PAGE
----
How Americans Will Travel
By Dr Auliana Poon
From Sun, Sand and Sea to Culture and Content – How to Capture the Changing American Travel Market
The US is the largest and most important travel market in the world. In terms of travel expenditure, Americans are top spenders, recording US$118 billion in 2008 onspending abroad, according to the United Nations World Tourism Organisation. The US market is the second largest market in terms of outbound travel. More than 40 million Americans travel abroad, accounting for 63.5 million trips.
A new report from Tourism Intelligence International entitled "How Americans Will Travel 2015", predicts that American outbound arrivals to overseas destinations will rebound after the global economic recession. US arrivals to international long-haul destinations will reach 32.88 million by the year 2015, up from 30.79 million in 2008. This represents an average growth rate of a mere 1% per annum or an absolute rate of 7.5% between 2008 and the year 2015, according to Tourism Intelligence International.
The region with the most promise in terms of growth of American outbound travel is Central America. This region grew by 145% between 1996 and 2008 or an average annual growth rate of 7.8 percent.
"How Americans Will Travel 2015" from Tourism Intelligence International, points to a radical shift in the North American travel market and claims that destinations cannot continue to compete on natural attributes of sun, sand and sea alone. North American travellers increasingly buy holidays with sense and sensibility and look for status and self-improvement on their holidays. Americans want value for money but they also need a sanctuary for their senses. Culture and Content will need to be added to travel and tourism products in order to stay competitive. This has important implications for destinations seeking to attract North American travellers, such as the Caribbean, where almost two-thirds (63.4%) of all arrivals are from the NorthAmerica, and Europe, which attracts 41% of American overseas travellers.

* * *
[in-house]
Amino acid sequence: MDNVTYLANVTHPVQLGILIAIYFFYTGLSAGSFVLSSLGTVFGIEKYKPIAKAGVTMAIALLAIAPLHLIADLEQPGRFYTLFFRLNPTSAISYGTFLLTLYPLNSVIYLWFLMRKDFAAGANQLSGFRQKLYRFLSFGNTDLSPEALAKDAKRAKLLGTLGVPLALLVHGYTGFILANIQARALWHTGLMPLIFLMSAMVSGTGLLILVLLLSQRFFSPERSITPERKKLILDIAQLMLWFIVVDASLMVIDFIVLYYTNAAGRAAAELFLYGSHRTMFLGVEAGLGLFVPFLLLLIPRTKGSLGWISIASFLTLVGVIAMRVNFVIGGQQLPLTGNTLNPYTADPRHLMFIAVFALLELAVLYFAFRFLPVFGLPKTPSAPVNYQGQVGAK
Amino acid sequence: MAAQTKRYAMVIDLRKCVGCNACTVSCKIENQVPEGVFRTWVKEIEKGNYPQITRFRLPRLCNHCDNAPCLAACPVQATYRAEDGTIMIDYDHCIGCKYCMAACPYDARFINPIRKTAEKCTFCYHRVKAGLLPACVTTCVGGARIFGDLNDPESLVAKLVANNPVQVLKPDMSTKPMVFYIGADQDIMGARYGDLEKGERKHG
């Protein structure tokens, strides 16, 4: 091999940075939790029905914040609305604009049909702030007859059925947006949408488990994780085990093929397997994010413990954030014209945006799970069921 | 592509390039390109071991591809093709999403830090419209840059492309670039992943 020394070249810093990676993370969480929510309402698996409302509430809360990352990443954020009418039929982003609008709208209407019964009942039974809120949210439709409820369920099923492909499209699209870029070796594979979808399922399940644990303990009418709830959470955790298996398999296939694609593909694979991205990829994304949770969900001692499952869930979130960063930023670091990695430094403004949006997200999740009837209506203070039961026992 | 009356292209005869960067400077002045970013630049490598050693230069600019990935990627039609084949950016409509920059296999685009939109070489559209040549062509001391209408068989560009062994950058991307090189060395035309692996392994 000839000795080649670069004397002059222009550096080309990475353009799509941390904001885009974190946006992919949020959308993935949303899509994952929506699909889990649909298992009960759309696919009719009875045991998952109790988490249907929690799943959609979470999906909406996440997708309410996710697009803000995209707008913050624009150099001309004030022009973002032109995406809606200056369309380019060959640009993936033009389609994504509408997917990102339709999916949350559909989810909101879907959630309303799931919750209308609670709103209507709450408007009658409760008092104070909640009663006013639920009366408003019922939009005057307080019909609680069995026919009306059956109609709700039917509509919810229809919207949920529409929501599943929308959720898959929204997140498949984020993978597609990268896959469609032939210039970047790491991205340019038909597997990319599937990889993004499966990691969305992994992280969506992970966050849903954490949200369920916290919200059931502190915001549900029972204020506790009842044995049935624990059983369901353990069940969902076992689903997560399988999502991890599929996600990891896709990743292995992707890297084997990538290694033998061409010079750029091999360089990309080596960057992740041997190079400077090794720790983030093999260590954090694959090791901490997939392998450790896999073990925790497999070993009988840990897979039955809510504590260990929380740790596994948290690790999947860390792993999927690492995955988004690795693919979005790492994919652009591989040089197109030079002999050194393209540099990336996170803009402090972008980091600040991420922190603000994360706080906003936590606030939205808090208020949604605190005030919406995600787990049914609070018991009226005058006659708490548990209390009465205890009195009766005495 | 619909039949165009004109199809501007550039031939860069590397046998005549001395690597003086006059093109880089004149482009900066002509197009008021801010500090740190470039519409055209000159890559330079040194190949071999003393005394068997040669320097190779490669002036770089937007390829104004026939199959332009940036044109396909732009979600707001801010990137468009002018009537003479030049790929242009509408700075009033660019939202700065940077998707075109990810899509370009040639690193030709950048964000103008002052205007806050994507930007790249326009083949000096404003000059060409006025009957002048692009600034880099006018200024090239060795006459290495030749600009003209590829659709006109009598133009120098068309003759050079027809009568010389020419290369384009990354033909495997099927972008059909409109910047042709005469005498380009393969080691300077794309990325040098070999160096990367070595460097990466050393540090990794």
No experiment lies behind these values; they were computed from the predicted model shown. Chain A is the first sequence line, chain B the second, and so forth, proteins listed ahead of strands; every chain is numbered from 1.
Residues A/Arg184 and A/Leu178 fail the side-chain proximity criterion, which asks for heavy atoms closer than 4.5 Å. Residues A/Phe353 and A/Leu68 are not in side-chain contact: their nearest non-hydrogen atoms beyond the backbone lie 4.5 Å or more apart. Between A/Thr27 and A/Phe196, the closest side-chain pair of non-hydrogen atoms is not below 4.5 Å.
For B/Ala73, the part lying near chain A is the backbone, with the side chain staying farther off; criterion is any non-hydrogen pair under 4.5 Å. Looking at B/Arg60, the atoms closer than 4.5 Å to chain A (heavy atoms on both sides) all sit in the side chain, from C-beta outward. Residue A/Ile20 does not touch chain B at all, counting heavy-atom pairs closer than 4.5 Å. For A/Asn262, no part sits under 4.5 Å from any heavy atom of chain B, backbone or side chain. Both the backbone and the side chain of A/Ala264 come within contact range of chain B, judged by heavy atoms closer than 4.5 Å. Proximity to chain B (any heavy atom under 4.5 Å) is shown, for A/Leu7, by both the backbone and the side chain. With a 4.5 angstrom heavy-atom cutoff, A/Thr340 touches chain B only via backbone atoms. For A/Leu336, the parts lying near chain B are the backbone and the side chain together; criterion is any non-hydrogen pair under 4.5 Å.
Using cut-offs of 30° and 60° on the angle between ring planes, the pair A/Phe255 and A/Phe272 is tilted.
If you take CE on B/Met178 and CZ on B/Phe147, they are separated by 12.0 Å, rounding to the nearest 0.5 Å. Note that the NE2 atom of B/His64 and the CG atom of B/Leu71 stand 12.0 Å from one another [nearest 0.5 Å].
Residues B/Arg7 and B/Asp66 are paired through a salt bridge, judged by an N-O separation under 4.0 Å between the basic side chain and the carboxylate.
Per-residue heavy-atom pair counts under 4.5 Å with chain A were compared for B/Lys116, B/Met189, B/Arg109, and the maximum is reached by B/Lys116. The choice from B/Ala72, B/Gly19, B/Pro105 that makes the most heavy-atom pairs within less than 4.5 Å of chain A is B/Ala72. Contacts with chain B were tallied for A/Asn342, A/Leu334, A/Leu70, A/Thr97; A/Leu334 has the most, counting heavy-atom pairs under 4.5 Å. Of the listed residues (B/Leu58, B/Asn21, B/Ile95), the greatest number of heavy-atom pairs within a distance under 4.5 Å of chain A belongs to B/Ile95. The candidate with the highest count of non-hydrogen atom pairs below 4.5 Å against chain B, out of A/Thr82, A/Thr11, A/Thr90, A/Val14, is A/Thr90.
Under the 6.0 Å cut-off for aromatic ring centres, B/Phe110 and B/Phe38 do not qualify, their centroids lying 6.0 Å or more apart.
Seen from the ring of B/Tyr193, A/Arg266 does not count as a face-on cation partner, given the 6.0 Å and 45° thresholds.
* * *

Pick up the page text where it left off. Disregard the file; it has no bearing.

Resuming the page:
Dr. Auliana Poon, Managing Director of Tourism Intelligence International and author of "How Americans will Travel 2015" argues that the "Creative Class" of American Travellers do not want to merely take photos and sit on the sidelines. They want to experience the culture of a place they visit; they what to know about the content or "goodness" of a product before they buy it; they want to be active participants. Not surprising, over two-fifths of all Americans who travel abroad chose Europe.
For Americans, taking part in activities of a cultural nature while on holiday is growing in importance. More than half (51%) of the 40 million Americans travelling abroad visit historical places; almost one-third (32%) visit cultural heritage sites; and one-quarter (25%) visit an art gallery or museum, according to the Office of Travel and Tourism Industries.
Americans' interest in culture is definitely on the increase. And not just for the big-ticket megaevents. North Americans are, in fact, keenly interested in small local eventssuch as the Tomato Festival in Buñol, Spain, musicals and theatre in London, England, museums and monuments in Berlin, Germany, circus and wrestling in Turkey, bistros, sidewalk cafes, street fairs, etc. Definitely on the increase is demand for cultural events at local communities in which visitors participate and blend in with locals (rather than events put on just for the visitors and where they are in themajority and are onlookers rather than participants).
Destinations will need to focus more on supporting and promoting local, indigenous events at the community level to attract the Creative Class of American travellers.
"How Americans Will Travel 2015" points to the growth in participation of the 'Creative Class' also known as the Bourgeoisie Bohemians (Bobos), for whom intrinsic values and content are important considerations in their travel decisions. In terms of their attitude to food, they are not simply interested in drinking orange juice. They want to know whether the juice is freshly squeezed; is it genetically engineered; is it organically grown; what is the carbon footprint associated with getting the orange juice to them; and are the farmers who produce them fairly paid? They are not just interested in the product and where it comes from, but in its intrinsic values and content.
Similarly, with regard to holidays, the diverse and individualistic lifestyles of the Creative Class involve active participation and experiential activities that are multi-dimensional. They enjoy 'Street Level Culture', considered as a fascinating blend of cafes, bars, rum shops, sidewalk musicians, and small galleries and bistros, where it is hard to draw the line between participant and observer, or between creativity and its creators. Members of the Creative Class enjoy unique experiences and they would prefer to be a participant rather than a spectator. They want activities that manage to appeal to their sense of status and self-improvement at the same time.